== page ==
BOTHELL, Wash., Sept. 12, 2012 /PRNewswire/ -- Royal Philips Electronics (NYSE: PHG, AEX: PHI), a pioneer in developing treatments to combat sudden cardiac arrest (SCA), today announced it will donate the one-millionth HeartStart automated external defibrillator (AED) manufactured to Everett Mountain Rescue Unit (EMRU) of Snohomish, Wash. EMRU is a volunteer search and rescue organization serving Snohomish County, Wash., also the location of Philips' HeartStart headquarters.
The one-millionth AED marks a major milestone in Philips' more than 50 year legacy of cardiac resuscitation and innovations to combat the potentially fatal effects of SCA, a condition that claims the lives of approximately seven million people globally every year.[i] Philips will also make AED donations to nine other local search and rescue organizations, including Snohomish County Volunteer Search and Rescue (SCVSAR) and eight groups associated with the Washington Mountain Rescue Association (WMRA).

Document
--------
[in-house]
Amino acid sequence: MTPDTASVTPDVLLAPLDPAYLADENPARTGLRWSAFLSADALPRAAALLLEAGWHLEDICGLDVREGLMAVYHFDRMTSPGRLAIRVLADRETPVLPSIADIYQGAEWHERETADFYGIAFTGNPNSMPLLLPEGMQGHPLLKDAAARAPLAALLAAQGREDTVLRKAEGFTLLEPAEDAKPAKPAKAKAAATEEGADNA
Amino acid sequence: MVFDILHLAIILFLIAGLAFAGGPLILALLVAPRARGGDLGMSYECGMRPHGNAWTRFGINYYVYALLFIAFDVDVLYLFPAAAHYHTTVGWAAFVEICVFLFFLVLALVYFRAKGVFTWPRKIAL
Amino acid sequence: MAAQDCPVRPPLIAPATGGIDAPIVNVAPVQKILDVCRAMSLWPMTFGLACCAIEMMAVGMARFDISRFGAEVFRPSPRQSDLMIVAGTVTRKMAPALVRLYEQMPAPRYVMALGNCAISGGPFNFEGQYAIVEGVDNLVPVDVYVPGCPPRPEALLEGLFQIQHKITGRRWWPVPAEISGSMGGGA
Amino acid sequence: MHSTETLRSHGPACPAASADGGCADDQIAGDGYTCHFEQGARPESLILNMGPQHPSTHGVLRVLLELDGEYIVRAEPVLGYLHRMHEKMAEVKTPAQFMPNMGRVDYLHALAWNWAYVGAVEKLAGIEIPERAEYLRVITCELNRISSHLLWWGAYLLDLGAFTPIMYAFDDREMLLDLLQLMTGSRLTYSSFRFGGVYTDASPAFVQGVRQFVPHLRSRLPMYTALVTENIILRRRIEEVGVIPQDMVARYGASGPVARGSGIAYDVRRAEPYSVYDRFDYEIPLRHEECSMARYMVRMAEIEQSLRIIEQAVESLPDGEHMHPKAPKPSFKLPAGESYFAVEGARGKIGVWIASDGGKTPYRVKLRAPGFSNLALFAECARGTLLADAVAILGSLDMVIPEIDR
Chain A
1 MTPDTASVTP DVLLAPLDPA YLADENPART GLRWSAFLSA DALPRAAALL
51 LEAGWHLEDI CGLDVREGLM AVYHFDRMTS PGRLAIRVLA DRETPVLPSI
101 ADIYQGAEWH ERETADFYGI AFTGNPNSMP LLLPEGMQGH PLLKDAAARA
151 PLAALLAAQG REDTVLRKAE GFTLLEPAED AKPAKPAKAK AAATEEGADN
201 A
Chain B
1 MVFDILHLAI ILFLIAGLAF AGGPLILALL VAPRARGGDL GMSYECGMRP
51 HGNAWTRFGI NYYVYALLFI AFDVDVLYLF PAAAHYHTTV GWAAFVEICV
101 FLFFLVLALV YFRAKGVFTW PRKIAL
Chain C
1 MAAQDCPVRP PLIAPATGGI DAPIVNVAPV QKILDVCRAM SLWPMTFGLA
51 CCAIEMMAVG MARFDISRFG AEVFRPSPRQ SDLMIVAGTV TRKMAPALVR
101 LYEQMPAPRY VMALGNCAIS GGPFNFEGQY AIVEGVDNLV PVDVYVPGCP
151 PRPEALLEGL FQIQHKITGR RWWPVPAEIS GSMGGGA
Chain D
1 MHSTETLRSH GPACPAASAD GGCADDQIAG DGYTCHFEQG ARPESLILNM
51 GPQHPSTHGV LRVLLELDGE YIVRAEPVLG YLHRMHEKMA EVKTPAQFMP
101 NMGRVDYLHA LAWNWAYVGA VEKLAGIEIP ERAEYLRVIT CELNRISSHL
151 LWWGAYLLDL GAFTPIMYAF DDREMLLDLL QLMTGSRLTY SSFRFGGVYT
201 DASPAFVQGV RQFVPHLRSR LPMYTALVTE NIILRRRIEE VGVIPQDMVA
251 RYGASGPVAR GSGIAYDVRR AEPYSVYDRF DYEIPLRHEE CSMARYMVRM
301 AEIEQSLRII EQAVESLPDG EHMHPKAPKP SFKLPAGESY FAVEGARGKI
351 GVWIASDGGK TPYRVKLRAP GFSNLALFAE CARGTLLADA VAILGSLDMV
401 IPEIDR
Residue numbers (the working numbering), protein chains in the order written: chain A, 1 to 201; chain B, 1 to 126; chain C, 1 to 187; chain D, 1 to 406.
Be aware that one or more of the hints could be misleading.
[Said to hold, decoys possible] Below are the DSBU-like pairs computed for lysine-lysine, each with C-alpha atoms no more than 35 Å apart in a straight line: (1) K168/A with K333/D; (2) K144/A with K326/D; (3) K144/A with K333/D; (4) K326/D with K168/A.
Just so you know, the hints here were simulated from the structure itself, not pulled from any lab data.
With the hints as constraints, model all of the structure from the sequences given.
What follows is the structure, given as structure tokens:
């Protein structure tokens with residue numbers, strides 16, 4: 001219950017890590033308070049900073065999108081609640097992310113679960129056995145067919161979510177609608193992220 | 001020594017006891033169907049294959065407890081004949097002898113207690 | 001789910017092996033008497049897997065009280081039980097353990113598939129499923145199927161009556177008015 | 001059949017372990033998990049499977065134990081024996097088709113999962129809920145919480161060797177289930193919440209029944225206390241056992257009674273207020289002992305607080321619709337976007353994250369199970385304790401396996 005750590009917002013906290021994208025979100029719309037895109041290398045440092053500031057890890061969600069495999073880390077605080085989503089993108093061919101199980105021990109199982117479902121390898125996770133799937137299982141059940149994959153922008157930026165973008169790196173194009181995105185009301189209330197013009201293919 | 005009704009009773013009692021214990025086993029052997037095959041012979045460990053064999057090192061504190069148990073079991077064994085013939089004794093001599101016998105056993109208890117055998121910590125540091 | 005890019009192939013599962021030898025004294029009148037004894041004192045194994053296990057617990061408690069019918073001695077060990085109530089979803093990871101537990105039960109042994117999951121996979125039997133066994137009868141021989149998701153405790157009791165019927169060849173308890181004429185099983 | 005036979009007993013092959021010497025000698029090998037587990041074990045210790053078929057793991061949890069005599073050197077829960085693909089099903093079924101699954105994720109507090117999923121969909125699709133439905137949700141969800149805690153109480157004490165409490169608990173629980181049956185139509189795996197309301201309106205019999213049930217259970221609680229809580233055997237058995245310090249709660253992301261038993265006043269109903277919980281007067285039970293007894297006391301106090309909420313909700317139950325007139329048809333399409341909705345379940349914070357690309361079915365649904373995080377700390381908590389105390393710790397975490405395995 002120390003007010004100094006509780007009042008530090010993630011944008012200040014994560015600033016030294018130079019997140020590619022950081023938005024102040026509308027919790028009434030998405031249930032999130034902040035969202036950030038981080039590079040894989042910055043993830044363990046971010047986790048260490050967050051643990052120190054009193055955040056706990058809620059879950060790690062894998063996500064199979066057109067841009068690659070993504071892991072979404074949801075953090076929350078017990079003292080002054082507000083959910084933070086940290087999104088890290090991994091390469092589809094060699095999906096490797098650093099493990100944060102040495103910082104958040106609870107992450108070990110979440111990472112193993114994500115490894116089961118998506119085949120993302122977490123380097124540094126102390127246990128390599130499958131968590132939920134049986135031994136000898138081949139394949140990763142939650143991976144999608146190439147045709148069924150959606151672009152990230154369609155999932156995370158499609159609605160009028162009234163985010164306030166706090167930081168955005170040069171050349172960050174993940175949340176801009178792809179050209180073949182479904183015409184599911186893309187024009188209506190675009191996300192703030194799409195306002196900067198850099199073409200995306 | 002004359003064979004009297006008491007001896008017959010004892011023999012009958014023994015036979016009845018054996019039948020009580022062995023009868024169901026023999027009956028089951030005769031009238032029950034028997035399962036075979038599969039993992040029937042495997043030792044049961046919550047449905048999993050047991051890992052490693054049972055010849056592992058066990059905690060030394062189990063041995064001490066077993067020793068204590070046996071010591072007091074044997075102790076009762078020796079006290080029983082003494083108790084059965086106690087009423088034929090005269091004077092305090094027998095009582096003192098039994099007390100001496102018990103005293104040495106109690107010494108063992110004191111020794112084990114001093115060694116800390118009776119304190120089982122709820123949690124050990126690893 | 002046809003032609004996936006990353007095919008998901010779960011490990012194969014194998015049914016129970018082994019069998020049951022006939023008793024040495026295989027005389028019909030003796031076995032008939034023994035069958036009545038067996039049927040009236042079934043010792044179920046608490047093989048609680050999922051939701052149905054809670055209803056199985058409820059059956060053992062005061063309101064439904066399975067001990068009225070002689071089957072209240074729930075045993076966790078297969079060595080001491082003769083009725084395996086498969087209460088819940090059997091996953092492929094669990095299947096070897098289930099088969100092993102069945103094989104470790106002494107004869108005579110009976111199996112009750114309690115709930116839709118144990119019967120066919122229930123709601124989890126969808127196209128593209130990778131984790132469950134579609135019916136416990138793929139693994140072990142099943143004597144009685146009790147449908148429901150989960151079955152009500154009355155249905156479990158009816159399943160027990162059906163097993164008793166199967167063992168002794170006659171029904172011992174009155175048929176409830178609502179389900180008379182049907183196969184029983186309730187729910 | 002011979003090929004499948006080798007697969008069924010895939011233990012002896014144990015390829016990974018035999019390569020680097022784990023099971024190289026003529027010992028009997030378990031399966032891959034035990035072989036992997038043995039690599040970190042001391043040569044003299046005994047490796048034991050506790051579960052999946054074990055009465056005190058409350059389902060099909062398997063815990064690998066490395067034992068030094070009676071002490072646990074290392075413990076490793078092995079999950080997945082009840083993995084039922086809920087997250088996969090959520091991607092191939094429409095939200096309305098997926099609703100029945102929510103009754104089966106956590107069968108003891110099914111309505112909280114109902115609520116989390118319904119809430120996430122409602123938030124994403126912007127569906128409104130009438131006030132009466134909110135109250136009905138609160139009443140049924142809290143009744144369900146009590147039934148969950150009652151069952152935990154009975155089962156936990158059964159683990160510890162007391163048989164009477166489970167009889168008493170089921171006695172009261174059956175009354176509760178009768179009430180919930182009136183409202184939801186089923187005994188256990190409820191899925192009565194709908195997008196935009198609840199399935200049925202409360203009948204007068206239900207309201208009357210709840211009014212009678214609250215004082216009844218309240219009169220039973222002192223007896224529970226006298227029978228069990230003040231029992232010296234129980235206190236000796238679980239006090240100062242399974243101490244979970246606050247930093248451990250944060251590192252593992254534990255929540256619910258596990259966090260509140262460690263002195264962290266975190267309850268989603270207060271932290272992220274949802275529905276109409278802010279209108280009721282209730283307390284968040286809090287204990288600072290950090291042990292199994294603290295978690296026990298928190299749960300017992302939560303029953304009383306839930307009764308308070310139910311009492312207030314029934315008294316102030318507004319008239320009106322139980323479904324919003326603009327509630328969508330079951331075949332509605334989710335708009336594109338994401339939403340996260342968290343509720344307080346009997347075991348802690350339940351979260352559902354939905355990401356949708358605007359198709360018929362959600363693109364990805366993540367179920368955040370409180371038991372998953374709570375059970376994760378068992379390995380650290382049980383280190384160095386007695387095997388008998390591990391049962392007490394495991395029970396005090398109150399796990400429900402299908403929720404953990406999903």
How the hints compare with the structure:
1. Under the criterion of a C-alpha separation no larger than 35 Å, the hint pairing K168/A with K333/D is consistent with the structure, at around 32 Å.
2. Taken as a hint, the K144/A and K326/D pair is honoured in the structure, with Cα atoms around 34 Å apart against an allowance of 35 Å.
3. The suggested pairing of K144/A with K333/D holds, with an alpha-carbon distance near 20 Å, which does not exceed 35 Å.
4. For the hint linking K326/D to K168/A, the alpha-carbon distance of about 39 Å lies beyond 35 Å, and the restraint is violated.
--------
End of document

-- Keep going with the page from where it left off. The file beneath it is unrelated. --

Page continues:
"We pride ourselves on expanding public access to AEDs so that virtually anyone can have the power to help save a life," said Mike Mancuso, executive vice president and CEO, Philips Patient Care and Clinical Informatics. "Experts at Philips have worked with community-based early defibrillation champions and resuscitation health care leaders to drive early defibrillation program best practices, and have helped establish defibrillation programs at the top U.S. airlines and the nation's busiest hospitals. We are dedicated to saving lives and overjoyed that so many HeartStart AEDs are now available across the globe for emergency situations."
Philips is the worldwide leader for AEDs, with a resuscitation legacy dating back to 1961. The introduction of the ForeRunner AED in 1996 was one of the main catalysts for the public access defibrillation movement that also included legislation to improve public access to AEDs in the U.S., Japan, France, the United Kingdom, Australia and many other countries. Philips has evolved its AEDs in response to the needs of the industry and its customers, and has continued to offer innovative solutions that reduce deployment time and are light, rugged and easy to use.